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We don’t need no AAA console studios

Over the past couple of years, there’s been much coverage within the games-industry press about the fall and fall of the UK games industry. Nicholas Lovell has done a particularly good job of tracking studio closures. Many of the big companies, and the trade associations, seem to have spent most of their time trying to win tax breaks.

The argument has been: It’s impossible for AAA studios, with hundreds of employees, to stay “competitive” with Montreal, Vancouver, et al – unless the government gives them vast amounts of free profit. If they are not gifted this money, they will shut down, and make people jobless; witness NIcholas’s Job Loss Tracker above for evidence.

But the thing is … I really don’t care.

I really don’t believe we “need” those big studios.

(EDIT: NB: this post was sparked by Andy Wilson of Codemasters stating: “we need to start supporting the industry properly or the whole thing is going to melt into iPhone developers – and there’s only so many 4-man teams who are going to find success”. Of course, Codemasters is a great example of a badly-managed, has-been publisher that chews people up and spits them out)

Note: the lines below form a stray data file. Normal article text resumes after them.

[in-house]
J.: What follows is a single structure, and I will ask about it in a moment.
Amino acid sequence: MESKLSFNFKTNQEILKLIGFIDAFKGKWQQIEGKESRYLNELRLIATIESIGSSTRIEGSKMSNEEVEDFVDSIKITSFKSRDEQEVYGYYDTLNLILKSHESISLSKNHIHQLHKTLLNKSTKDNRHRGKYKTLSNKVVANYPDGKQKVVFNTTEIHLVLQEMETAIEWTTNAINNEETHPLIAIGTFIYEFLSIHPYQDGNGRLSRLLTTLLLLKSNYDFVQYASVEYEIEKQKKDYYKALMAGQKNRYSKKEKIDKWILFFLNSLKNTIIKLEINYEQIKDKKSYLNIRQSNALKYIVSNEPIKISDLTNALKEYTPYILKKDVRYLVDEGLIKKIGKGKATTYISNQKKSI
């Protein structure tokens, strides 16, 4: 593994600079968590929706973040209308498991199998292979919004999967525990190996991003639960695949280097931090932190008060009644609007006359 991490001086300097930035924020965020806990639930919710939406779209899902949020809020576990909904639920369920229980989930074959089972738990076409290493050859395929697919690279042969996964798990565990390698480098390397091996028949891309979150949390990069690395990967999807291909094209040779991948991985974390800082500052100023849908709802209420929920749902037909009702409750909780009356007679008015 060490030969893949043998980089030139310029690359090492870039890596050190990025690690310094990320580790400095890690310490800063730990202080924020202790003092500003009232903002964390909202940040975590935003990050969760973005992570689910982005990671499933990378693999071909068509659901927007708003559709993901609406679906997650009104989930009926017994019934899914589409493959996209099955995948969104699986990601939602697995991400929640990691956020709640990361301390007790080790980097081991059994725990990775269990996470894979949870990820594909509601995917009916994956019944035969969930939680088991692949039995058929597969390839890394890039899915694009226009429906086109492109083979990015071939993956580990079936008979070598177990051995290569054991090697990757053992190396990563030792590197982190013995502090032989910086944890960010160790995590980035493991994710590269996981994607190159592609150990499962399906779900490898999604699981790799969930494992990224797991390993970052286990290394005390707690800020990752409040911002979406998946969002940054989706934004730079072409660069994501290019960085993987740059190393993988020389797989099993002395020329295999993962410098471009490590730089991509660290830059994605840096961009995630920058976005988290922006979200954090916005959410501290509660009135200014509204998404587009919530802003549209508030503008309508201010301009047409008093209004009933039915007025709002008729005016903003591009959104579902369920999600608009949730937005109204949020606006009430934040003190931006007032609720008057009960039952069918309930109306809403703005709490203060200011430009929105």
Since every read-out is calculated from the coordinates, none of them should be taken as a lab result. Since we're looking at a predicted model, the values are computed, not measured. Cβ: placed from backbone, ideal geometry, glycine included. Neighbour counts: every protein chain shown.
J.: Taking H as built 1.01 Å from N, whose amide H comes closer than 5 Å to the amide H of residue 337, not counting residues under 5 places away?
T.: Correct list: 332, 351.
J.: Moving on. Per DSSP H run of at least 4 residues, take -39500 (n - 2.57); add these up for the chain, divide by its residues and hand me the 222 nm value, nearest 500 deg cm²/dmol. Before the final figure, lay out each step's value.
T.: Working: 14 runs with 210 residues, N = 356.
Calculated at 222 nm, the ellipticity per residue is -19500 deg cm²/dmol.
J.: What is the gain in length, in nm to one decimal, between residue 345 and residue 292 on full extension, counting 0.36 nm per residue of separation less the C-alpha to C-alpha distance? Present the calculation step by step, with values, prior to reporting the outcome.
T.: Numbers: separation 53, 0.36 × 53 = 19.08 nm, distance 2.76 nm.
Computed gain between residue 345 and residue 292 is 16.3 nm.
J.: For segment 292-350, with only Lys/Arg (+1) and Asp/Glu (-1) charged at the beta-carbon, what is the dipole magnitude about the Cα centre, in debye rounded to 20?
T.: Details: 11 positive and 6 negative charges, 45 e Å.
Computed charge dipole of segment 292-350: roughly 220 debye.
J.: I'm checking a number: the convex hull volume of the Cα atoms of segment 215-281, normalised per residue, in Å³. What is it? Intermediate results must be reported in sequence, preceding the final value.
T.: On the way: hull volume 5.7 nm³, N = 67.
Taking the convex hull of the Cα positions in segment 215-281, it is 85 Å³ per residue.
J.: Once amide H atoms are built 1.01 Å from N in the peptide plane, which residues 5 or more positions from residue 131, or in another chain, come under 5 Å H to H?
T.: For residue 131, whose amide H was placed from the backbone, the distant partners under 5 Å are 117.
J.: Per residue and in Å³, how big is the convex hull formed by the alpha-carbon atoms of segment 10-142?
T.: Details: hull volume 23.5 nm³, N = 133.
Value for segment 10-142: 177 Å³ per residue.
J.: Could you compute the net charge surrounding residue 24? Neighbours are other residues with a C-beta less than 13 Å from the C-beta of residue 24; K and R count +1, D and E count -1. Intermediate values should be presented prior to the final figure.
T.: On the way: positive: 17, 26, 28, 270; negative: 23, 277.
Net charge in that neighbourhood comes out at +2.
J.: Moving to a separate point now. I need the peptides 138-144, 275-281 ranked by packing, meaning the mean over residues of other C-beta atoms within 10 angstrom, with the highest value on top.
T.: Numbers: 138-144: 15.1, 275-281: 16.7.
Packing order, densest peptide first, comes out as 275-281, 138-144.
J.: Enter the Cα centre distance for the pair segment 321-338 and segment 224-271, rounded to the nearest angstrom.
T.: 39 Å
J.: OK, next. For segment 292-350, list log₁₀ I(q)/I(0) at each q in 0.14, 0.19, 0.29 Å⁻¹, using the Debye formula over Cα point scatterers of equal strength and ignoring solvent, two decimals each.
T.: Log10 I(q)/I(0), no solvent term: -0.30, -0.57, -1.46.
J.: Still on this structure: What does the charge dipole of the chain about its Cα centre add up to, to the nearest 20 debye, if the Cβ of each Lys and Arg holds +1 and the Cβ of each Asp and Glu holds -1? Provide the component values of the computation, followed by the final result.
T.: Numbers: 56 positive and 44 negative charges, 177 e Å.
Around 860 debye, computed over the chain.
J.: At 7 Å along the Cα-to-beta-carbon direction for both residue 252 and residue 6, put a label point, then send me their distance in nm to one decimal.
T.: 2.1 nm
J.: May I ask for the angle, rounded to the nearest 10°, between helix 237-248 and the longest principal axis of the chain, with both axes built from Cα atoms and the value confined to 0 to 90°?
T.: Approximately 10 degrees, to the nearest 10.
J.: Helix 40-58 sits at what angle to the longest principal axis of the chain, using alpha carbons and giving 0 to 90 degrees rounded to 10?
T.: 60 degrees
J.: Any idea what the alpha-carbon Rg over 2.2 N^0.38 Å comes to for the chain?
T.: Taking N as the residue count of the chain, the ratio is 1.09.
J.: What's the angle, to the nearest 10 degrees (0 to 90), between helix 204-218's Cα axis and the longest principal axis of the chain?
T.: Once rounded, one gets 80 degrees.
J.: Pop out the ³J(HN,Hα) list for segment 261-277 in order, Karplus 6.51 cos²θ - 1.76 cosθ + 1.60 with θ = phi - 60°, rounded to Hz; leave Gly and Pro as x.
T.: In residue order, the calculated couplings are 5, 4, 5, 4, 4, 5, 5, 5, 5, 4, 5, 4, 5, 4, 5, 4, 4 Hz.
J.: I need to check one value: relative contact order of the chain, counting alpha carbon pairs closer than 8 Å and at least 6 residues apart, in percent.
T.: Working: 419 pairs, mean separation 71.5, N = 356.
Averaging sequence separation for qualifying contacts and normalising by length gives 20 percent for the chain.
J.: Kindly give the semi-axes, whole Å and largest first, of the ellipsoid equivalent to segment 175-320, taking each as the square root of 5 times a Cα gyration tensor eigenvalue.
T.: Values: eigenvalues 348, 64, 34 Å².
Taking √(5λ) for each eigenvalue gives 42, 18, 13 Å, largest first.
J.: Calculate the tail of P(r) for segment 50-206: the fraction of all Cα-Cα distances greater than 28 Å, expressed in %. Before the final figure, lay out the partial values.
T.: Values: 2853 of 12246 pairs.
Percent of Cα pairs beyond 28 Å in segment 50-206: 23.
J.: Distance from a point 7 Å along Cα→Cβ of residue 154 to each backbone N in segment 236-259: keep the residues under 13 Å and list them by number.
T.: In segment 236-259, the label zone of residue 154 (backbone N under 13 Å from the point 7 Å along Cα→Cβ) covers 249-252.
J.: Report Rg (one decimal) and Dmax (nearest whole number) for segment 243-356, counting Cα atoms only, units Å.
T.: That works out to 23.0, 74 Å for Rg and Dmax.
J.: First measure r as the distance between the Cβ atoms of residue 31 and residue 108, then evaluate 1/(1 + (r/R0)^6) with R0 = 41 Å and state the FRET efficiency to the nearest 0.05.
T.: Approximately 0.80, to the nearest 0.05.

If they cannot make the same high profit margins that those of us skilled and bold (foolish?) enough to do iOS are making, then they’re just getting in the way, and should sod off.

How many iOS studios were whining about the need for tax breaks?

How many were just being quietly profitable, and focussing on being “more profitable through good solid product and marketing”, rather than begging government to do it for them?

I welcome the demise of bloated, badly managed, unprofitable, second-rate console studios.

I also believe that console studios will return – but they’ll be offshoots of iOS studios, and they will be managed a million times better. Let’s forget the old studios, and their shitty business acumen, their mismanagement, and piss-poor leadership.

Good riddance, I say.

(unless they continue to be healthy – in which case: well done, and what a great asset to the community and industry! I judge them by their success, not by their ability to chew through people and resource as inefficiently as possible; it often seems in the press today as though the latter is the most important criteria :()

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